• The first ethical principle noted in the Belmont Report is autonomy.

  • The second principle is beneficence.

  • The third principle invoked is justice.


Translating ethical principles into regulations

Translating Ethical Principles Into Regulations

Regulatory requirements stem directly from ethical principles


Social psychological risk

Social & Psychological Risk

Social and psychological risks are

real risks.


Identifying risks

Identifying Risks

  • Why IRBs do not rely solely on investigators to identify risks

    • No one can be objective about their own work

    • People underestimate the risks involved in things they are very familiar with

    • People overestimate the benefit of things that are important to them


Identifying risks1

Identifying Risks

Examples of Social and Behavioral risk

  • Emotional Distress

  • Psychological Trauma

  • Invasion of Privacy

  • Embarrassment

  • Loss of Social Status

  • Loss of Employment


Identifying risks2

Identifying Risks

The Primary source of social risk results from

a breach of confidentiality.

  • Confidentiality and anonymity are not the same

  • Names are not the only identifiers

  • Subjects’ participation in the research may need to be kept confidential as well as their data


Role of the institutional review board irb

Role of the Institutional Review Board (IRB)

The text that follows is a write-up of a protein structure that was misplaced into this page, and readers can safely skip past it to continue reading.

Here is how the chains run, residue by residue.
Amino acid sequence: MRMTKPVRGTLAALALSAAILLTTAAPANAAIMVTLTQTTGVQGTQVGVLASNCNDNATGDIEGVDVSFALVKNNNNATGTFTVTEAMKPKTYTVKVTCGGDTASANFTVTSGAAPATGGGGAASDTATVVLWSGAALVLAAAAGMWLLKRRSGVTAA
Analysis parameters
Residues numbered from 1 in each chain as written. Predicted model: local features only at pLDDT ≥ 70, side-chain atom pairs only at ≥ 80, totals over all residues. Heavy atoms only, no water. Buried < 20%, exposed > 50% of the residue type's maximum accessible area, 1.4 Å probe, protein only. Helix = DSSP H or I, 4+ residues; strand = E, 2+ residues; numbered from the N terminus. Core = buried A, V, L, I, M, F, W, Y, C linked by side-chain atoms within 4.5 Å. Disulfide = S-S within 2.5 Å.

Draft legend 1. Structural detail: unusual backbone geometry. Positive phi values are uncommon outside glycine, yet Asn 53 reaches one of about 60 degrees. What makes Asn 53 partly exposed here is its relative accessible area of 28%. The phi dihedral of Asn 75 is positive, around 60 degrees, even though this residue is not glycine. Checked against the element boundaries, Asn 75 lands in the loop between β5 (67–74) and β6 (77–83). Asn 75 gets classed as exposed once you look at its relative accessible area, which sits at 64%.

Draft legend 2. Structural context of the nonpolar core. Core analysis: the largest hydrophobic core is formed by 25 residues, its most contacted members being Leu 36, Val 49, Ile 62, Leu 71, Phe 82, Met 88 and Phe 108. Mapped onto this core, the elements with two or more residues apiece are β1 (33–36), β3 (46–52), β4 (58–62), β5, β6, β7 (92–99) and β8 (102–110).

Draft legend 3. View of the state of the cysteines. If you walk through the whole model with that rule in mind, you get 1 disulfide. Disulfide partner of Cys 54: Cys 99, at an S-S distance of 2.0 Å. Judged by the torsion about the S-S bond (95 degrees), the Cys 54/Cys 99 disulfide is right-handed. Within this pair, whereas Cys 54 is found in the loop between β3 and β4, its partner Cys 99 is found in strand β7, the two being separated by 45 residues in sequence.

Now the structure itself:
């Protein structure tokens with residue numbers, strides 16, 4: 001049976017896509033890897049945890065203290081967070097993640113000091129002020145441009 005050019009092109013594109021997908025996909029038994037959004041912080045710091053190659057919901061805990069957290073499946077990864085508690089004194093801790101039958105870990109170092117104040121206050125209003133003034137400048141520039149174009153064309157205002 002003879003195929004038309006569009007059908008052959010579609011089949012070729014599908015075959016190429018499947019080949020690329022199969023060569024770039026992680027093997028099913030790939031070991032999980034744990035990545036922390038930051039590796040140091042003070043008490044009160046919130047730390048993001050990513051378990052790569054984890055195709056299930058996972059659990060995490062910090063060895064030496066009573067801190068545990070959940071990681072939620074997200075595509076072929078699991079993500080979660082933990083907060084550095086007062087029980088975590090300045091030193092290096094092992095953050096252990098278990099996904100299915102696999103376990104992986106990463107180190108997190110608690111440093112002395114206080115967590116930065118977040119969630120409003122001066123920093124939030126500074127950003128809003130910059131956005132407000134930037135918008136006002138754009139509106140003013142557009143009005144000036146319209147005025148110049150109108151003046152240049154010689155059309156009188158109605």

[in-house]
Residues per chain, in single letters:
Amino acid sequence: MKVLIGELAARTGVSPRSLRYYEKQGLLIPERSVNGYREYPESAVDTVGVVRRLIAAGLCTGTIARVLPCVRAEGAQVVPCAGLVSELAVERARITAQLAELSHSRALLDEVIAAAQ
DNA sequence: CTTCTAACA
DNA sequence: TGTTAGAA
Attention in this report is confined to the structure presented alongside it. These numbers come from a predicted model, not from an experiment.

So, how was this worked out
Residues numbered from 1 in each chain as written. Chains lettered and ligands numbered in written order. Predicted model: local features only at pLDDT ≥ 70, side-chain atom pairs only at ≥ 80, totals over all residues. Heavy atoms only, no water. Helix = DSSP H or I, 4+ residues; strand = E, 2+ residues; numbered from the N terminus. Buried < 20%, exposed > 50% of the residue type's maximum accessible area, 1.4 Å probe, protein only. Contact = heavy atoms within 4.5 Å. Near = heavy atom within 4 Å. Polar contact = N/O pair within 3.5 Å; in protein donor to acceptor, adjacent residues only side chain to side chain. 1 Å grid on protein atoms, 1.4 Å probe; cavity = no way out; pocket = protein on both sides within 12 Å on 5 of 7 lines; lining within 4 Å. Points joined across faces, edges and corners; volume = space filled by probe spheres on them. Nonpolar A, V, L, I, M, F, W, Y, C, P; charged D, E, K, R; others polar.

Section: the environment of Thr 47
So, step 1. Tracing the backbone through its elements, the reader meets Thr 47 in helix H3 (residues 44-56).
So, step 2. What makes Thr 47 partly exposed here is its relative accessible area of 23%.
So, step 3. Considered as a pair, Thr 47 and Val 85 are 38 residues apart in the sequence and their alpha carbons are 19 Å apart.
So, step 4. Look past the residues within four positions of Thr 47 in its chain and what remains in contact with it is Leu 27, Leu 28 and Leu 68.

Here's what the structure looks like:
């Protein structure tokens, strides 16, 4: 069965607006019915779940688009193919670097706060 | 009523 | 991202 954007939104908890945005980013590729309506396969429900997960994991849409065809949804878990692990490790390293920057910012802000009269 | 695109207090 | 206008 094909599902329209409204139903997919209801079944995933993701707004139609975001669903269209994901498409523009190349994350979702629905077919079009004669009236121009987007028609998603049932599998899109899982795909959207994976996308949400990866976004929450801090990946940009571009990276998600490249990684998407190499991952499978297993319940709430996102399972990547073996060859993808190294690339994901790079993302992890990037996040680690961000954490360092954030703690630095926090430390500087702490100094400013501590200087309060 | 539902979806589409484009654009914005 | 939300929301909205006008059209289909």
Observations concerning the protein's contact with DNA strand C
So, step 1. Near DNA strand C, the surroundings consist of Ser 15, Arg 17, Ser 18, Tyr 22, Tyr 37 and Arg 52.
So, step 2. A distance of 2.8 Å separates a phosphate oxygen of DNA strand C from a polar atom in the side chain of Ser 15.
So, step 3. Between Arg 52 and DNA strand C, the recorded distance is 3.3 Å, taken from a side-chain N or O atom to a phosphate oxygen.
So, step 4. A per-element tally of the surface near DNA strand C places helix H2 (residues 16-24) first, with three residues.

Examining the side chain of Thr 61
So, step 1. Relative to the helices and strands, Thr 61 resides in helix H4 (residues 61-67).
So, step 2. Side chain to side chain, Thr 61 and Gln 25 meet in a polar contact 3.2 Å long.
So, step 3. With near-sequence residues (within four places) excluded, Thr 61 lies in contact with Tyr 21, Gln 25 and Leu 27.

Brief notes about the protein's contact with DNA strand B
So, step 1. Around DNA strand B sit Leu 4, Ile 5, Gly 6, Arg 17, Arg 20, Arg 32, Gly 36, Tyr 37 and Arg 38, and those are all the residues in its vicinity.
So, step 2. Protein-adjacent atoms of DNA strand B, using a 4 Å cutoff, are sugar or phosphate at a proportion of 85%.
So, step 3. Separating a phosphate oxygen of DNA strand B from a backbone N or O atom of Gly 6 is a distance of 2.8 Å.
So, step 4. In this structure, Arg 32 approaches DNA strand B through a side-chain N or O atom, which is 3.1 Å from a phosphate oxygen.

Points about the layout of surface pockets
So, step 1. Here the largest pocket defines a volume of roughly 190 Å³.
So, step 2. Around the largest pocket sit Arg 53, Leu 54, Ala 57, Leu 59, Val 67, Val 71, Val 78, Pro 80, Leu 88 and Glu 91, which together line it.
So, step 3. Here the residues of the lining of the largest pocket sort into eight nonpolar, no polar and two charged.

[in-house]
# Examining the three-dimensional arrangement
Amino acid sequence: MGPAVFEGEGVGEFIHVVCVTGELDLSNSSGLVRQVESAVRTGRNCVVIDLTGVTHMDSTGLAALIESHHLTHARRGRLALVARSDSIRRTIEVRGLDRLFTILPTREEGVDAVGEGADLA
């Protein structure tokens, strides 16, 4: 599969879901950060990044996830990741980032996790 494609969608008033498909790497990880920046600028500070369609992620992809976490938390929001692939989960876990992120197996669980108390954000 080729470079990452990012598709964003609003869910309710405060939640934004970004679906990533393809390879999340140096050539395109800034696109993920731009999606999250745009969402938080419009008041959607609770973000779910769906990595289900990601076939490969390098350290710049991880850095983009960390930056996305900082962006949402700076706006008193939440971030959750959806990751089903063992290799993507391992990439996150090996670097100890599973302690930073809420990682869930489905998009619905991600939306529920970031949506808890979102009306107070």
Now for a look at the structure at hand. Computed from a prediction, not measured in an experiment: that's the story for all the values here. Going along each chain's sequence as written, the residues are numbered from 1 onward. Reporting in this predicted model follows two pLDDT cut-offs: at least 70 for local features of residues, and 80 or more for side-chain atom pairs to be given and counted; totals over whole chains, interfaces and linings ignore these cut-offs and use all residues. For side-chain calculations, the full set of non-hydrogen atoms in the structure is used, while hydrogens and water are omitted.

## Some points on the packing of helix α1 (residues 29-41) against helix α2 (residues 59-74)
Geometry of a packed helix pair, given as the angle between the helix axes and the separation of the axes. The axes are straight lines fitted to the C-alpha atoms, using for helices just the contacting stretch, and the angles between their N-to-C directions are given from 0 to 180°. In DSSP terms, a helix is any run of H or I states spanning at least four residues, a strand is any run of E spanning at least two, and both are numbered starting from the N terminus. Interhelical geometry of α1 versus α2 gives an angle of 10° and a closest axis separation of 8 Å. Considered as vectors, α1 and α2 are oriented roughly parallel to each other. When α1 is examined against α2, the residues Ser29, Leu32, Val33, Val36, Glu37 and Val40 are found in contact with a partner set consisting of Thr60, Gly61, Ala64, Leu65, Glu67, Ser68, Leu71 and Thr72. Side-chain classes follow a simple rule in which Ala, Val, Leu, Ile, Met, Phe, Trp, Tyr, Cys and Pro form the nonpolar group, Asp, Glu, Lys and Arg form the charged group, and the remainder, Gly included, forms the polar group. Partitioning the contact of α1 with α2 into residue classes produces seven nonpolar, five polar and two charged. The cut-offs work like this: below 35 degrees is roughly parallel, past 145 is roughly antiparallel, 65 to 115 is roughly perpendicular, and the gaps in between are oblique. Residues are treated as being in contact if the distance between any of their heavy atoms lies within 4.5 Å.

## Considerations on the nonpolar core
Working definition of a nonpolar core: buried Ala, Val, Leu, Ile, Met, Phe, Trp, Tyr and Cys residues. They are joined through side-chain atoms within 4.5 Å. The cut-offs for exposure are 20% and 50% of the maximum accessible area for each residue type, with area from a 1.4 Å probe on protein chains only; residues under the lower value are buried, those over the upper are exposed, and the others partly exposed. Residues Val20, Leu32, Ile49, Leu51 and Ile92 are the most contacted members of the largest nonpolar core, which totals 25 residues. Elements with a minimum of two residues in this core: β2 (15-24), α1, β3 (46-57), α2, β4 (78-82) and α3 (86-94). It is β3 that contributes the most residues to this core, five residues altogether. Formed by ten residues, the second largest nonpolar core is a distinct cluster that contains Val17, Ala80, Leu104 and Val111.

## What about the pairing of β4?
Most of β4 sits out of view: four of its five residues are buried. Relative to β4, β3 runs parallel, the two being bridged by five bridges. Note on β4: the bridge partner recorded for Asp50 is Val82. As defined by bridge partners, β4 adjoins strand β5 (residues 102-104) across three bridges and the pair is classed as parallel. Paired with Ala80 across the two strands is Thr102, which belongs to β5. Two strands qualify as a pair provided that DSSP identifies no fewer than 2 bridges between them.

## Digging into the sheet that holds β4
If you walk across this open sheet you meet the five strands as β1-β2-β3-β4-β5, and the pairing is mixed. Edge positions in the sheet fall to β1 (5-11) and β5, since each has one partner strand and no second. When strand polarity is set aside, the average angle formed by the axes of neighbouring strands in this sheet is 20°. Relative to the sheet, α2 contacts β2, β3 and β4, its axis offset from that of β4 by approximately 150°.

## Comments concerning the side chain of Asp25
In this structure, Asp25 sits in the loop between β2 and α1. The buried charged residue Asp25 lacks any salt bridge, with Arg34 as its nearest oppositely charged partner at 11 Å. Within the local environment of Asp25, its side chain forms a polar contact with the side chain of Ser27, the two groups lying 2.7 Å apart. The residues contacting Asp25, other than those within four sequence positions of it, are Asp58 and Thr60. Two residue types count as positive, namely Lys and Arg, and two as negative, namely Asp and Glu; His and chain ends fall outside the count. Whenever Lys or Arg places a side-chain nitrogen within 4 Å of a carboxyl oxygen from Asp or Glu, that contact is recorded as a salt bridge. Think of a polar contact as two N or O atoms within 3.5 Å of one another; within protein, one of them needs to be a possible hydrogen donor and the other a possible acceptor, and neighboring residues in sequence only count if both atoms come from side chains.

21 CFR 56.109 and 45 CFR 46.109

According to federal mandate “An IRB shall

review and have authority to approve,

require modification in (to secure approval),

or disapprove all research activities covered

by this policy”


So what is the irb s purpose

So, What Is the IRB’s Purpose?

The IRB’s Purpose and Responsibility Is to Protect the Rights and Welfare of Human Subjects.

The IRB Reviews and Oversees Such Research to Ensure That It Complies With Federal Regulations, That Pertain to Human Subject Protection.


Federal regulations

Federal Regulations

  • According to federal regulations, the activities that require IRB review include:

  • Any activities involving the collection of data through intervention or interaction with a living individual

  • Any activities involving identifiable private information regarding a living individual


Minimizing risk

Minimizing Risk

There are three ways to minimize risk

  • Alternatives

    • Are there other procedures or methods that are less risky?

  • Precautions

    • Has the researcher included procedures to decrease the likelihood that harms will occur?

  • Safeguards

    • Are there procedures included to deal with harms if they occur?


Informed consent

Informed Consent

  • Consent process should empower subjects to make their own determination about risk

  • Risks should be explained in terms that the subjects can relate to - everyday life experiences

  • Consent process should not do more harm than the research


Common rule

Common Rule

The Common Rule provides sufficient flexibility for

IRBs to effectively and efficiently review non-

biomedical research

  • Exempt Research

  • Expedited Review

  • Waiver of Consent and/or documentation of informed consent


Expedited review

Expedited Review

Research that may meet expedited review criteria include minimal risk studies and only those which fall under those categories :